Boost logo

Boost :

From: Aaron W. LaFramboise (aaronrabiddog51_at_[hidden])
Date: 2005-03-06 20:29:09

Over the past few years, the style of our abstract interfaces for
system-dependent features has bothered me more and more. Here’s my
challenge to those happy with the status quo: Find me an interface in
Boost or the C++ standard that represents an observable inter-program
interface, such that, for any popular operating system, I can’t find a
feature of the operating system that is impossible to express using that
interface without relying on undefined behavior, undocumented behavior,
or circumventing access specifiers.

First, a realistic example is in order. We all know and love C++
standard iostreams (“iostreams library,”
<>), which is almost certainly the
most widespread operating system abstraction in the C++ world. So we
create a std::ifstream, and use it to open some file. Now we want to
map this file to a region of memory. Do what?! Suddenly, everyone
breaks out in laughter, with tears rolling down their cheeks, little
globules of spittle escaping from the corners of their mouths,
ridiculing the very notion of any standard library being involved in
such a reasonable and common operation.

But why? The operating system can do this, and it’s not incompatible in
the slightest with the concept or interface of std::ifstream. In fact,
if we had some way of stealing the secret file descriptor stashed away
inside the filebuf, we could do it—but programmers, deep down, feel that
this sort of access just isn’t right. Grab some popcorn and watch
programmers sweat and squirm in their own cognitive dissonance as they
try to find an elegant solution to this insolvable problem (“Legalize
access to file descriptors now!”

Let me get straight to the heart of the problem: we love our concrete
interfaces. Every programmer loves the ability to be able to manipulate
a class, knowing its complete interface, exactly what sort of animal it
is, and exactly what its going to do—and know all of this before the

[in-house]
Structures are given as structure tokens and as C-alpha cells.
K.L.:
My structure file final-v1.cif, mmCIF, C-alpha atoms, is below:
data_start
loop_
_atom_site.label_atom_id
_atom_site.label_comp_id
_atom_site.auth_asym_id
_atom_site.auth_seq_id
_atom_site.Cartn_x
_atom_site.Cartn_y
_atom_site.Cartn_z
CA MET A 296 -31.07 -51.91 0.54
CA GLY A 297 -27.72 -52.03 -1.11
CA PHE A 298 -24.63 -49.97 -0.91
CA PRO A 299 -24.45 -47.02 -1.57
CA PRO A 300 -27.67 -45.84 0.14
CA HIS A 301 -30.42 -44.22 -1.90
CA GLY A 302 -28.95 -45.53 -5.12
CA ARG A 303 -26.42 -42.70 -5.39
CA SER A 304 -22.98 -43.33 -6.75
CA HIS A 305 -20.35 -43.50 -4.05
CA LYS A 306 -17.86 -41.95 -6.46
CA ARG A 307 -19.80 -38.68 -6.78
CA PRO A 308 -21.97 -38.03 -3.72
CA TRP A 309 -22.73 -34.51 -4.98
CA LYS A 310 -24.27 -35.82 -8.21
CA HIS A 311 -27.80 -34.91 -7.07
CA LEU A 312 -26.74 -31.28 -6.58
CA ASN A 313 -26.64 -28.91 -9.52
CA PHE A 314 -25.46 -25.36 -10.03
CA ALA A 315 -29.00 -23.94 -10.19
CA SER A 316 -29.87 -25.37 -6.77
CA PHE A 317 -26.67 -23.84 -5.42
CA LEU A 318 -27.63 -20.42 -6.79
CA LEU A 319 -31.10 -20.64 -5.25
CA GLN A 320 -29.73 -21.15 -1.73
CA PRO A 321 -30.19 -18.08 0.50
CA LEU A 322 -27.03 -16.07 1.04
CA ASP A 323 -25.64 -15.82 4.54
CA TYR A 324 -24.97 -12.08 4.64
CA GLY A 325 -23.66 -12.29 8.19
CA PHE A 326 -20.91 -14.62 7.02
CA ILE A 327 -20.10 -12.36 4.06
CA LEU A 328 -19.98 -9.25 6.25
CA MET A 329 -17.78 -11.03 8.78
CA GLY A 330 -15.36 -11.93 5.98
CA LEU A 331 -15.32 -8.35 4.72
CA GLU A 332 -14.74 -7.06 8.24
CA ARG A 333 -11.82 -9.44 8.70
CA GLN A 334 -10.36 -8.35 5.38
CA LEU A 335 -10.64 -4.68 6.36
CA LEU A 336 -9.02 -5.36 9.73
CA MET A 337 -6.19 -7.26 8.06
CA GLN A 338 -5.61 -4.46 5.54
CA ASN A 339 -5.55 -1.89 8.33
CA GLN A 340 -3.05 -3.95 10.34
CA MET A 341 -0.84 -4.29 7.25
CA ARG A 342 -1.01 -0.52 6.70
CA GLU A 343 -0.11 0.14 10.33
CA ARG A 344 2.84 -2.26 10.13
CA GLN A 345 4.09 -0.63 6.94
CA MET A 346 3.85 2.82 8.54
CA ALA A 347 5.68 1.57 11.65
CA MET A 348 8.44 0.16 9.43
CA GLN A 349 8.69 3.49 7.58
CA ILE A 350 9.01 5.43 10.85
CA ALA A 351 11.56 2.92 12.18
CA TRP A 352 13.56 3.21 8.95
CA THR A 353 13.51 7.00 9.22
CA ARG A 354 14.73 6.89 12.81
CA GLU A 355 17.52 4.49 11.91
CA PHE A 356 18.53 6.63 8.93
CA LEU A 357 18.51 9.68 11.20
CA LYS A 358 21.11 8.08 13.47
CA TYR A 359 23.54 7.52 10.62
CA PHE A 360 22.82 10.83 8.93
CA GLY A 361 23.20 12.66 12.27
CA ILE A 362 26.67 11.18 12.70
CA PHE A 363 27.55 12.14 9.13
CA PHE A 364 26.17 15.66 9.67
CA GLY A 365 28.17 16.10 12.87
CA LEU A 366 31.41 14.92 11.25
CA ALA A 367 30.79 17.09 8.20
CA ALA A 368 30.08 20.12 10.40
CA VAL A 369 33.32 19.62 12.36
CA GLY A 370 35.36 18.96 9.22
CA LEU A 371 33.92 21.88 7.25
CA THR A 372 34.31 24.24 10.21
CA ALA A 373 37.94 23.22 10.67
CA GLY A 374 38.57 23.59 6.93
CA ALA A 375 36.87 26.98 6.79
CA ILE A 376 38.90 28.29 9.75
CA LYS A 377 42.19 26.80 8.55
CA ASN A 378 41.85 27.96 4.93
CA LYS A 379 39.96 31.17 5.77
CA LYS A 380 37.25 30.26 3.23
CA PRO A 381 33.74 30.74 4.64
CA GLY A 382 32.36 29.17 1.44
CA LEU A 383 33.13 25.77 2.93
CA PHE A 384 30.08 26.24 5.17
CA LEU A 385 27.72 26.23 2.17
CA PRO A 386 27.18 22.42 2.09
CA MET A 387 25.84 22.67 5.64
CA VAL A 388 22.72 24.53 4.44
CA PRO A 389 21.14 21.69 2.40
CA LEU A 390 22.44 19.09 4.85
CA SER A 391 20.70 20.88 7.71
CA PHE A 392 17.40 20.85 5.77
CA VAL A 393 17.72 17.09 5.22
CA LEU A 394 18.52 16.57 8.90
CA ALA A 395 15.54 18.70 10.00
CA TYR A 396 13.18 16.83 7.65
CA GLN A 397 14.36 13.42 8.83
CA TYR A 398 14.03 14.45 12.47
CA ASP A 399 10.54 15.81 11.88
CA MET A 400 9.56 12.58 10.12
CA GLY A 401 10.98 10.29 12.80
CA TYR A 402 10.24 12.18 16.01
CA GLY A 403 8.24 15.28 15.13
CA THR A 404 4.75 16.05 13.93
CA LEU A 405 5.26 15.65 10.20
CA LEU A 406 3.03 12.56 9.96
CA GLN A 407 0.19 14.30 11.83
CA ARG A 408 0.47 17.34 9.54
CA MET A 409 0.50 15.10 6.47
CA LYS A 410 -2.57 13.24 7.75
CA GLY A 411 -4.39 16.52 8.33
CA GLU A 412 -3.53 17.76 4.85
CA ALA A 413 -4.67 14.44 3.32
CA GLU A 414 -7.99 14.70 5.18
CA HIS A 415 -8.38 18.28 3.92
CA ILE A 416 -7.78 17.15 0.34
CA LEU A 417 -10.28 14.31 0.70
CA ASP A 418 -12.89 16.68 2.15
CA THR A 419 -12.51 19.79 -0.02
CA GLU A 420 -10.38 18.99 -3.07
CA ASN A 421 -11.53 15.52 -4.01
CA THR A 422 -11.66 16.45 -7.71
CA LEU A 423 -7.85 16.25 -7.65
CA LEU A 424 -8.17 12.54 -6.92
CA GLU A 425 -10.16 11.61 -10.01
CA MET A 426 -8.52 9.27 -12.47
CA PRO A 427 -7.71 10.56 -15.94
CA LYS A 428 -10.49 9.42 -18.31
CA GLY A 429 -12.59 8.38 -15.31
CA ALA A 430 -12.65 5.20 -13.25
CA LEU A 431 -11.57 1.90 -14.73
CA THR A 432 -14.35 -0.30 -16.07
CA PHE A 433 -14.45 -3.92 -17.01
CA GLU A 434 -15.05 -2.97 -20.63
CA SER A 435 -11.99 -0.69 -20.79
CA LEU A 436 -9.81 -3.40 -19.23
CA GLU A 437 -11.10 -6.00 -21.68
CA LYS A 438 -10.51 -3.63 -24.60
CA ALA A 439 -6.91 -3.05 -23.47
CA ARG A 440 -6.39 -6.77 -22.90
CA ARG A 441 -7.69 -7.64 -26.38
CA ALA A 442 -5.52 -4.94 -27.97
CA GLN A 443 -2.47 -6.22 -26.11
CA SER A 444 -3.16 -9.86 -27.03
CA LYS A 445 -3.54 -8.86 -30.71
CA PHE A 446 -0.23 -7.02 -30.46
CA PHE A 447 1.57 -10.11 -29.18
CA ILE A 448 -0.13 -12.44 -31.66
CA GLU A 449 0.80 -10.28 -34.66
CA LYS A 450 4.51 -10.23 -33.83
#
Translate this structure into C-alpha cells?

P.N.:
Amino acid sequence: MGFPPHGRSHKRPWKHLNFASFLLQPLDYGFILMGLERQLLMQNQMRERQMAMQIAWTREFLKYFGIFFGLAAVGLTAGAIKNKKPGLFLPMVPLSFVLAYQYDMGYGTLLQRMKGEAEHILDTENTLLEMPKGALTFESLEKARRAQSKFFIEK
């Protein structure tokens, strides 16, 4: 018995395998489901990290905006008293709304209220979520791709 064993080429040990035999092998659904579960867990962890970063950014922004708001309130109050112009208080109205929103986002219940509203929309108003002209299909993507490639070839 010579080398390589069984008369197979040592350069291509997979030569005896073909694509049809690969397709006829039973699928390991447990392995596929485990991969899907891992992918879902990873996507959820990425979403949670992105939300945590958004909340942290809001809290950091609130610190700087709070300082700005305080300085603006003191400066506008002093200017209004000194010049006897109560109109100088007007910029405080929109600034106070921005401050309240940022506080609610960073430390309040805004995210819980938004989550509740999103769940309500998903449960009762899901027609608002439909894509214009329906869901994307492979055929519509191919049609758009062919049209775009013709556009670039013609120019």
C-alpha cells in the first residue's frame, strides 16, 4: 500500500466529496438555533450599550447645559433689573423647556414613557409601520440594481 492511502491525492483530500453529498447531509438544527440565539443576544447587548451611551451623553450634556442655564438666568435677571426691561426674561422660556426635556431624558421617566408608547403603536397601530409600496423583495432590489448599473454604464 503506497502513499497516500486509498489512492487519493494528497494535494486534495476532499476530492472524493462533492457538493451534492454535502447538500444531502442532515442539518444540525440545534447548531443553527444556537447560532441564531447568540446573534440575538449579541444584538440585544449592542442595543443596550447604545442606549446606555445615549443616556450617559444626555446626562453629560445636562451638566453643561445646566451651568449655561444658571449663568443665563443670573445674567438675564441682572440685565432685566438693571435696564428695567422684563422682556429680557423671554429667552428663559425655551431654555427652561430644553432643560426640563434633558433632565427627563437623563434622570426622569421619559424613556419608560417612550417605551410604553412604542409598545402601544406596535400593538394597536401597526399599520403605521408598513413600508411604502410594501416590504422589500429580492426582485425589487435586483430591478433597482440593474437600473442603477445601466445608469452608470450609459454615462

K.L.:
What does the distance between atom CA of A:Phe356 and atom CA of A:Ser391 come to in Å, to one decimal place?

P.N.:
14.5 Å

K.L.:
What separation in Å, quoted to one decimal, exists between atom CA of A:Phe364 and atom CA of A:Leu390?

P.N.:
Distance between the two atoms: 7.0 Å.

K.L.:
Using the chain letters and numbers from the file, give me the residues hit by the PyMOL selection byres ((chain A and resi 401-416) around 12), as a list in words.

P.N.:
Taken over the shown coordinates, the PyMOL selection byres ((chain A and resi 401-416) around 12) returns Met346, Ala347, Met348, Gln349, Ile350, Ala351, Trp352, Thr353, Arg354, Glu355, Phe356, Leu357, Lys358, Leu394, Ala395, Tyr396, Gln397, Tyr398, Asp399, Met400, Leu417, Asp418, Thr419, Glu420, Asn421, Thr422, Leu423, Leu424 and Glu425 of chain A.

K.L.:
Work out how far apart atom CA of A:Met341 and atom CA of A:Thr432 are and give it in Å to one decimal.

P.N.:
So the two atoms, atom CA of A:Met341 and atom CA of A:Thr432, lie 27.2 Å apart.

program ever runs for the first time.

I hope I’m not bursting anyone’s bubble here, but if when we’re talking
about components that abstract system interfaces, then this just isn’t
the way the world works. It’s time we grow up, get out of the playpen,
and realize that there really is a big scary world of polymorphism out

My core belief is this. We don’t fully know the capabilities of the
system components we manipulate, not at compile time, not at load time,
and perhaps not even by the time the program halts. Any interface that
pretends to is a lie, and most of the time, a pretty bad liar at that.

Here’s another one of my favorite examples, in Boost.Threads
(“Boost.Threads,” <>).
boost::thread lacks a method to forcefully terminate a thread, despite
the fact that many threading systems have one. However, we can’t add
one, because there exists at least one threading system that doesn’t
have this feature. Well, we *could*, but then we’d be playing a game of
chicken with the user daring them to call a function that has completely
undecidable behavior. Now let’s say the user was really determined get
this feature, and so she decided to write her own thread class. Nope,
she loses again! Because her class is not named boost::thread, the
class is incompatible with all of the rest of the thread manipulation
functions, and so is entirely unusable with Boost.Threads.

Do you like scary movies? I have an idea for one. It’s about a future
C++ standard that includes a threading library that I can’t use if I
want forced termination semantics, or any other feature that any
operating system has that the library lacks.

Besides the inability of our concrete interfaces to support a capability
set that varies, and the lack of ability to reimplement these interfaces
compatibly, concrete schemes also can’t represent what I call
/multi-interface systems/. Some environments, such as Cygwin (“Cygwin